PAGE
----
When completing a property restoration, professionals will find a diverse variety of plants and animals. Some are harmless and can be cut back or relocated. Others may be a welcome part of the area’s charm. However, invasive species present a more significant problem. 

An invasive species is a foreign plant or animal that isn’t meant to exist in a given area. They come from outside the region and often appear as an unintentional byproduct of something else. These species threaten local flora and fauna and can easily re-invade a restored property. 

So, where should professionals start when handling invasive species? 

Best Practices for Managing Invasive Species 

When completing a property restoration, there are some general things to keep in mind. 

1. Educate Yourself 

Learning about the native and invasive species in your area is crucial for identifying and removing problematic plants and animals. The National Invasive Species Information Center is an excellent resource for identifying the invasive species in your area. 

2. Protect Native Plant Species 

When restoring land, prioritizing the conditions for native species to thrive can help prevent invasive plant growth. Different soils, grasses, mulching and other strategies can cater to the plant species in your location.

3. Prevent Invasive Animal Species 

Preventative measures to keep out invasive animal species can help your property stay restored. You can often use natural or chemical sprays for smaller species to keep them from infecting your plants. 

Sometimes, pairing different plant species can keep invasive species at bay. For larger invaders, fencing and keeping their food away can stop them from entering the property.

Handling Common Invasive Species 

More than 6,500 non-native species are identified in the United States, contributing to around $100 billion dollars in economic damage.2 Here are some common examples and how to properly address them.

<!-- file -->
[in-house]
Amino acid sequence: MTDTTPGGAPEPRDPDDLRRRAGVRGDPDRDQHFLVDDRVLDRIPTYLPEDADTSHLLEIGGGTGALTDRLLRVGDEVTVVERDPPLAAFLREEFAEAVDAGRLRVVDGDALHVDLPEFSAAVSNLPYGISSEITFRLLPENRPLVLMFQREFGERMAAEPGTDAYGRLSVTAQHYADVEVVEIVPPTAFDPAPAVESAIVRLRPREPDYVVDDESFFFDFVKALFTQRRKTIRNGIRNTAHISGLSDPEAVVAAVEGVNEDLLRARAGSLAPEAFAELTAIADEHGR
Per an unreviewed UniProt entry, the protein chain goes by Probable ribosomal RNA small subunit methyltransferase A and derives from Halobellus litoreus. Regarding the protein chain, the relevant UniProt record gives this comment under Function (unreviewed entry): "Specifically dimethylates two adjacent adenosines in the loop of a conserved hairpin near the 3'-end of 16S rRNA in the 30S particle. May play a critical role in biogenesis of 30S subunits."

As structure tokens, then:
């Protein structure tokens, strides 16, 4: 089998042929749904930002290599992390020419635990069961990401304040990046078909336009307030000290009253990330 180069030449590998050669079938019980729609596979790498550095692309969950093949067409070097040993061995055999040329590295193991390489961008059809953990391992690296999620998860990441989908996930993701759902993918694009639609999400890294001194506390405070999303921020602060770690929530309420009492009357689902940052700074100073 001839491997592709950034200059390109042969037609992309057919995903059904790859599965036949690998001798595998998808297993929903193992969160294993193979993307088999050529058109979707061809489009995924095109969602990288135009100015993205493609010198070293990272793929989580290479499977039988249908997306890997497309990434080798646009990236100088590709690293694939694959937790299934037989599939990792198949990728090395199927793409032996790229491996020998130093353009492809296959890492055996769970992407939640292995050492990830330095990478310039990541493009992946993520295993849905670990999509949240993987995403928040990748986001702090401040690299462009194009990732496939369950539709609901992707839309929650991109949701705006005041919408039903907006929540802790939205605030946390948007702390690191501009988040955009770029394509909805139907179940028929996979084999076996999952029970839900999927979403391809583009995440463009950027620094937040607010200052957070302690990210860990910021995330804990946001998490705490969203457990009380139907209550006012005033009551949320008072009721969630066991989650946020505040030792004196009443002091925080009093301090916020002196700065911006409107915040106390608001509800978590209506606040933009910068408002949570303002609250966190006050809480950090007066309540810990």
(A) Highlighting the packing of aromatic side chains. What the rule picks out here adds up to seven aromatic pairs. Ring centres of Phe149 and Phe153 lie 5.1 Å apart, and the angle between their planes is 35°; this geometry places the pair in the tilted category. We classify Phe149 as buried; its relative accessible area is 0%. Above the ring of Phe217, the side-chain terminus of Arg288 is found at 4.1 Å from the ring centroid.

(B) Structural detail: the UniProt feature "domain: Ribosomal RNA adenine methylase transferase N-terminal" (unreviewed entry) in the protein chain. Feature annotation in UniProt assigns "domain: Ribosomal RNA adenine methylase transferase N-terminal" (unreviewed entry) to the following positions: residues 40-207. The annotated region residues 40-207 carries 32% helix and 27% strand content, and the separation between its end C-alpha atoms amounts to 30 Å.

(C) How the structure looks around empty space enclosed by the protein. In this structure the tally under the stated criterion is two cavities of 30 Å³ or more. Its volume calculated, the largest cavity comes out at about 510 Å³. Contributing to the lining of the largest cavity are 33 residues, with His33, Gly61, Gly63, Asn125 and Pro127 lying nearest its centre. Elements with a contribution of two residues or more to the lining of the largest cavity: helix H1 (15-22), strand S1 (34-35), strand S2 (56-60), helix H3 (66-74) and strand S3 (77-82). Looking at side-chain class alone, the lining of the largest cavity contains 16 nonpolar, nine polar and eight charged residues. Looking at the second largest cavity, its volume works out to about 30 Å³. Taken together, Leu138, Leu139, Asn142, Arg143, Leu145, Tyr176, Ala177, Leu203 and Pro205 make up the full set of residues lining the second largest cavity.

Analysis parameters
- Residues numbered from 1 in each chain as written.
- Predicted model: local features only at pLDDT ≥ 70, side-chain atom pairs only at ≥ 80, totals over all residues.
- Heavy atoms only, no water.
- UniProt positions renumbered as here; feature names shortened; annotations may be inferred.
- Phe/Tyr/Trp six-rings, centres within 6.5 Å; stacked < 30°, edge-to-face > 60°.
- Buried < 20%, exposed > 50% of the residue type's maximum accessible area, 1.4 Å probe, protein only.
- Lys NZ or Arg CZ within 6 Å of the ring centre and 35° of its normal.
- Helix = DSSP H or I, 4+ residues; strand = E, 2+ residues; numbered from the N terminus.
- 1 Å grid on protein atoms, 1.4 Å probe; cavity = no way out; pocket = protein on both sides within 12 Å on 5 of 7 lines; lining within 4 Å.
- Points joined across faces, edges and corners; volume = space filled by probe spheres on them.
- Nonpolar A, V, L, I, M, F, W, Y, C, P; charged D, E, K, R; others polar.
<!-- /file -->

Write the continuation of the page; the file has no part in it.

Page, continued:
Invasive Animal Species 

Animals can be hard to remove from a property since they’re often extremely mobile or have large enough colonies that it’s hard to get them all. Some of the most common invasive animal species include the following.

1. Burmese Python 

Currently found in Southern Florida, these pythons are spreading North.3 Native to Africa, the snakes are popular pets and the accidental or intentional release of one is the presumed reason they roam the state. 

Burmese pythons are non-venomous but can cause severe lacerations if one bites someone. Virtually all of these incidents happen when someone intentionally bothers the snake.4 

They are a nuisance to the state’s ecosystem, eating small native species. If you encounter these snakes on your property, the government encourages you to capture and humanely kill them. You can also call the Exotic Species Hotline at 888-Ive-Got1.

2. Sirex Woodwasp

The sirex woodwasp is native to Africa and Eurasia but is invasive throughout the Eastern United States and parts of Canada. They most likely came through wood packing materials in international shipping.5 

These wasps damage and kill trees. They primarily invade pine but also spruce, fir, larch and Douglas fir. 

Thinning concentrated trees can keep the wasps from spreading. Chemical solutions can work short-term but could damage your trees. Experts recommend introducing a biological control agent like a parasitic nematode. They sterilize female wasps, preventing them from reproducing.6

3. Feral Swine 

You can find these wild hogs in southern and western states, which are a nuisance on a property. They are the same species as farm pigs and got introduced to the United States as a food source by 1500s settlers.7 

These pigs live in the wild and roam properties, damaging the land through their rooting behavior. Feral swine can also spread diseases to pets and animals, making the property even more uninviting. 

While humanely killing animals is an option in severe cases, the USDA recommends trying non-lethal methods. Humane traps can help you safely remove the pigs from a property, and sturdy fencing can help with entry.

4. Invasive Carp 

Various invasive carp species entered the US in the 1970s to control parasites, algae and weeds in aquatic farms. Several species escaped, leading to an infestation of rivers and lakes along the Mississippi River. They include the silver, bighead and grass varieties.